Fifteen Minutes sat down with Baratunde R. Thurston ’99, author of How To Be Black, and a former news and photography editor of The Crimson. He is the digital director of The Onion and co-founder of “Jack and Jill Politics”. The following interview took place in the Middlesex Lounge in Cambridge, one stop of many on his national book tour.
1. Fifteen Minutes: What house were you in? What was your concentration?
Baratunde R. Thurston: I lived in Lowell House, though I never lived in Lowell proper; I lived in Claverly Hall the entire time. It just was like an apartment, it was a little cooler, it had the janky elevator. I love Clav. I was a philosophy concentrator.
2. FM: What activities did you participate in as an undergraduate at Harvard?
BT: In terms of major activities I did, [The] Crimson was very high on the list, [also] Harvard Computer Society. I was a big nerd, and a geek. I was a very active member of [the] Black Students Association, and the Black Men’s Forum...and the Signet—that was later in my career.
3. FM: Your recent book is part satire, part autobiography, part self-help. How much of each would you describe this book as?
BT: Anything you thought was hilarious was actually very true and painful, anything you thought was true and painful I just made it up for dramatic effect. No—it’s anchored in an autobiographical memoir and even those pieces are funny, but they’re true, that’s all very true. And then the how-to satire was meant to basically accentuate the story, and bring out a little more color, no pun intended. And just to mess with people. I really like messing with people. And I wanted to go over the top. It’s an absurd concept, that there’s a way to be black. There is none, and so I embraced that absurdity, and used the satire to get away with it.
4. FM: Why did you write the book?
BT: Because publishing is very lucrative! You can just become a billionaire by putting words on dead trees and hoping people buy them…. And I think because we’re in a good time, like we’re in this sort of post-civil rights moment. We have a bi-racial slash black president in America, and we have this moment of identity where things are more interesting and flexible and people can kind of be more of who they are and be the multiple aspects of who they are, and present that, and have the world accept that in a way that wasn’t quite the case in the past.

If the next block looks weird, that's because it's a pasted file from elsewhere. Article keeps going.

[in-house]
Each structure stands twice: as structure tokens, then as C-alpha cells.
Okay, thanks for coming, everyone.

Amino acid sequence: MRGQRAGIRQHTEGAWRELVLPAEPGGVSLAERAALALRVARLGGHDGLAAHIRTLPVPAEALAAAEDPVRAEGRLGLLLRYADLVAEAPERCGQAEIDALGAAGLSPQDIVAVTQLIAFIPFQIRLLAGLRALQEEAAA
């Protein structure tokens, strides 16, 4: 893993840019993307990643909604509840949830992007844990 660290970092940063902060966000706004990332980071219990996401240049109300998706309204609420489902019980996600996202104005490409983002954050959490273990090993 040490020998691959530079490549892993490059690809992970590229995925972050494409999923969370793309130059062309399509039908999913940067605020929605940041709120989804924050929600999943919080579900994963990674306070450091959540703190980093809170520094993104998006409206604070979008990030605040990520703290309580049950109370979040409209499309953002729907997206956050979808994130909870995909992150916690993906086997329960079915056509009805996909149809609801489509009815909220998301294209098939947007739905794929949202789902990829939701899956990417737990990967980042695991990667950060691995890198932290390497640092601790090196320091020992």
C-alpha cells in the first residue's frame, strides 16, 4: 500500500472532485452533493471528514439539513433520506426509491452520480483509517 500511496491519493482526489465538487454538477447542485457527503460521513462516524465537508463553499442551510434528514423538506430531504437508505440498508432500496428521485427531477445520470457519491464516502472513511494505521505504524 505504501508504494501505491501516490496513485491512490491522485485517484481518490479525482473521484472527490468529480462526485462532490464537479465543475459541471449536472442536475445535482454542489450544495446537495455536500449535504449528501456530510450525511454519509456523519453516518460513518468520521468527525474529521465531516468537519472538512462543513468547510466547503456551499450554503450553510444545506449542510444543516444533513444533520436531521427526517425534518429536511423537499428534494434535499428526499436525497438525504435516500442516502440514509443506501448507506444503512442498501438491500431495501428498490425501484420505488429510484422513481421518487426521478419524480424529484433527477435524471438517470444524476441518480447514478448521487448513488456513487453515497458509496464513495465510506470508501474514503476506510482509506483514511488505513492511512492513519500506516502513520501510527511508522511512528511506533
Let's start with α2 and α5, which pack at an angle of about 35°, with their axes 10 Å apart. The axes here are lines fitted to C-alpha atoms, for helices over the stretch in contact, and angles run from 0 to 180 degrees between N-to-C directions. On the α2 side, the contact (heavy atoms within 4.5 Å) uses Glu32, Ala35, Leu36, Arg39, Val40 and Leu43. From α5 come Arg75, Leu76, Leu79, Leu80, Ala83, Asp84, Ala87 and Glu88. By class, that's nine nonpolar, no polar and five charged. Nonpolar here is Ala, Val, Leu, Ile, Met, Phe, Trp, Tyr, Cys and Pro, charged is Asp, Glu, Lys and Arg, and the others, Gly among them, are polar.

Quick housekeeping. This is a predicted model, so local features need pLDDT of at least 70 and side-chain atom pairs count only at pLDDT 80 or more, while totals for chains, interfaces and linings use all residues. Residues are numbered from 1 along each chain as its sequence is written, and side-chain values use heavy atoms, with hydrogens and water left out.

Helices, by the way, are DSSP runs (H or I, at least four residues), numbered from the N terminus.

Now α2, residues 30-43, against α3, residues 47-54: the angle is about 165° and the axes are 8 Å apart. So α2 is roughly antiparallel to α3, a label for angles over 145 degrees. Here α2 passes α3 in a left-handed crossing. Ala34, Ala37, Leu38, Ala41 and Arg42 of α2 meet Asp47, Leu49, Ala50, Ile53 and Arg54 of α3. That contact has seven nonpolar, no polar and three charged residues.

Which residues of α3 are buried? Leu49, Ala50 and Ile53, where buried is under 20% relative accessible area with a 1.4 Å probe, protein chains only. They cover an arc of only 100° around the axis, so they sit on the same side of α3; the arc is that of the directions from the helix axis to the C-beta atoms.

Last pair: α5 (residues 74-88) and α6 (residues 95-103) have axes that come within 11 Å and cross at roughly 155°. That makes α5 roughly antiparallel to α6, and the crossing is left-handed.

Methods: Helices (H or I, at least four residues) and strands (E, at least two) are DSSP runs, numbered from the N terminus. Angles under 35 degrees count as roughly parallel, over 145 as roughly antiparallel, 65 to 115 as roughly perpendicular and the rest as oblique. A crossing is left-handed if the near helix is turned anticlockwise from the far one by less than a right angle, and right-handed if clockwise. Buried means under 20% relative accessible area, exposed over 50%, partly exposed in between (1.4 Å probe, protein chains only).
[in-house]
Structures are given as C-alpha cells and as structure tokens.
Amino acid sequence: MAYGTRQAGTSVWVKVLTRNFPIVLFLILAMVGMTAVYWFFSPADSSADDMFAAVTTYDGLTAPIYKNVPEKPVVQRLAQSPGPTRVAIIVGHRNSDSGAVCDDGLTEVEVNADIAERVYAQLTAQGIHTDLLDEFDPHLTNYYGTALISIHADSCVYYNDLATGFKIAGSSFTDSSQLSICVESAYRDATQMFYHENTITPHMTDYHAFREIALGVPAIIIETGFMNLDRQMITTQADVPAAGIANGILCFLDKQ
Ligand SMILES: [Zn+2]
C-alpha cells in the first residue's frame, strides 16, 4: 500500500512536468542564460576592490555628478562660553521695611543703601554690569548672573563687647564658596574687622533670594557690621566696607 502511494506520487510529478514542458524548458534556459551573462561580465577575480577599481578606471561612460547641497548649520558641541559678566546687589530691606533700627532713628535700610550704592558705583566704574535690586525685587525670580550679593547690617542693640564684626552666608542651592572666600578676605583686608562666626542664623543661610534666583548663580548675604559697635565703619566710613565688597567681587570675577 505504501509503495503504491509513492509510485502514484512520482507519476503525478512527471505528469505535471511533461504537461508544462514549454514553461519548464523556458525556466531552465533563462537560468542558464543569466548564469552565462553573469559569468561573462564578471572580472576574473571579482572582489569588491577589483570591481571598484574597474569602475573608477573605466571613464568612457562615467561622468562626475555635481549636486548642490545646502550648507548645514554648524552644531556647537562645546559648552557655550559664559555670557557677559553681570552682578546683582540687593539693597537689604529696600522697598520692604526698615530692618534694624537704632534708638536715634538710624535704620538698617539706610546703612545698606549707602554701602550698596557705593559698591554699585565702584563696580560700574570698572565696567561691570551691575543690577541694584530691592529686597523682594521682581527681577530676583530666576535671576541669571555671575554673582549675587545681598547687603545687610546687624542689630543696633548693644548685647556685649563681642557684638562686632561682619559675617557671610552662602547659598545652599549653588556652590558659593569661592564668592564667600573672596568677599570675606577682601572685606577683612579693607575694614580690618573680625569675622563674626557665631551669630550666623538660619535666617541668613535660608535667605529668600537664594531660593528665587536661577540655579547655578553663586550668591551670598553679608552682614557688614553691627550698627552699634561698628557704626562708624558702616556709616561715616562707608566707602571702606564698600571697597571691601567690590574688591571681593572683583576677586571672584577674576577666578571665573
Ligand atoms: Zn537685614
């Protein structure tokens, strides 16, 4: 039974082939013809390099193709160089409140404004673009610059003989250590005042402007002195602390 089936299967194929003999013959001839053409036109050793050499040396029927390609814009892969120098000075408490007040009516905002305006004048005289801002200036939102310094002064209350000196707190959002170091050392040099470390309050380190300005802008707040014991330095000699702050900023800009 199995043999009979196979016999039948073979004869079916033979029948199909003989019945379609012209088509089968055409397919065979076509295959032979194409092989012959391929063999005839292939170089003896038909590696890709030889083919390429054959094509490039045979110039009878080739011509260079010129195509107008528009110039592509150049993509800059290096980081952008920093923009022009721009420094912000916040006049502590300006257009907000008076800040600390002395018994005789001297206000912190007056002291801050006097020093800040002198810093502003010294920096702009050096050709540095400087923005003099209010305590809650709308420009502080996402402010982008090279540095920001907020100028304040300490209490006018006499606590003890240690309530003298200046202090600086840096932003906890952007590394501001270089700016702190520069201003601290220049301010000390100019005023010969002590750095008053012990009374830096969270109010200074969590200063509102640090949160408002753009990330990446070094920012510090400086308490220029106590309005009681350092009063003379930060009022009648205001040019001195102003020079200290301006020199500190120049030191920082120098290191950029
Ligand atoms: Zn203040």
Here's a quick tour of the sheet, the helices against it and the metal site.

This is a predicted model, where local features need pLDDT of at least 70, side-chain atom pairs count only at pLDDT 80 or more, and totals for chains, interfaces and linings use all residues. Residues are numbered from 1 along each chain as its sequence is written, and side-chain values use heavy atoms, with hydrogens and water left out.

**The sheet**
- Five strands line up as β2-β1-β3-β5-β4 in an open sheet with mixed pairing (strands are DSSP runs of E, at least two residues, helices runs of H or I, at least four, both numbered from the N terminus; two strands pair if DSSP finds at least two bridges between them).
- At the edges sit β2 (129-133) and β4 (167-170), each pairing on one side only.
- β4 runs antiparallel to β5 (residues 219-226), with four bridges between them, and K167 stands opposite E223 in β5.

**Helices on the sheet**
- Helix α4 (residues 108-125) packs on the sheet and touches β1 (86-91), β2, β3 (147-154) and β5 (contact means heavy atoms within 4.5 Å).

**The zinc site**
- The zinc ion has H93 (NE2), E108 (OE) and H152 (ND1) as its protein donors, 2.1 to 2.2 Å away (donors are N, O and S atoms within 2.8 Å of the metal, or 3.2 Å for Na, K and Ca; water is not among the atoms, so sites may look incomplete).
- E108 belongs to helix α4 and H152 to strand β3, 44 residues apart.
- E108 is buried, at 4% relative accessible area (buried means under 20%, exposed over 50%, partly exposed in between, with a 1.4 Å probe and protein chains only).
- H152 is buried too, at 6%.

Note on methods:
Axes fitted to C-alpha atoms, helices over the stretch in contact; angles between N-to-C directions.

5. FM: You wrote that you rejected the tentative title, “Thoughts On Post-Racial America.” What would a post-racial America look like?
BT: To borrow some of the thoughts from the people I interviewed, it would be an America full of unicorns and leprechauns, and other non-existent creatures. I don’t think a post-racial America is worth pursuing, because it kind of doesn’t have meaning. I think the way people think about it is very idealized, but not helpful, which is, ‘Oh, we just ignore race,’ but ignoring its existence doesn’t help us deal with some of the outcomes that are still heavily correlated to or dependent on it. So I think a better America, rather than seeking for a post-racial America—we should be seeking that more perfect union and I think we can do that.
6. FM: Are white people and black people supposed to have different experiences reading the book?
BT: Yeah, so when white people read the book, it’s supposed to burn their fingertips a little bit. And their soul actually flees into the body of a black person. It’s kind of a race-swap program.
7. FM: How does one get a job writing for The Onion?
BT: One does not get a job at The Onion. One murders a current Onion employee and assumes their identity. So I am actually technically Mike DiCenzo, who left The Onion a few years ago to write for Jimmy Fallon, and I’ve been filling in for him ever since. So skin’s a little tight, but it works out well.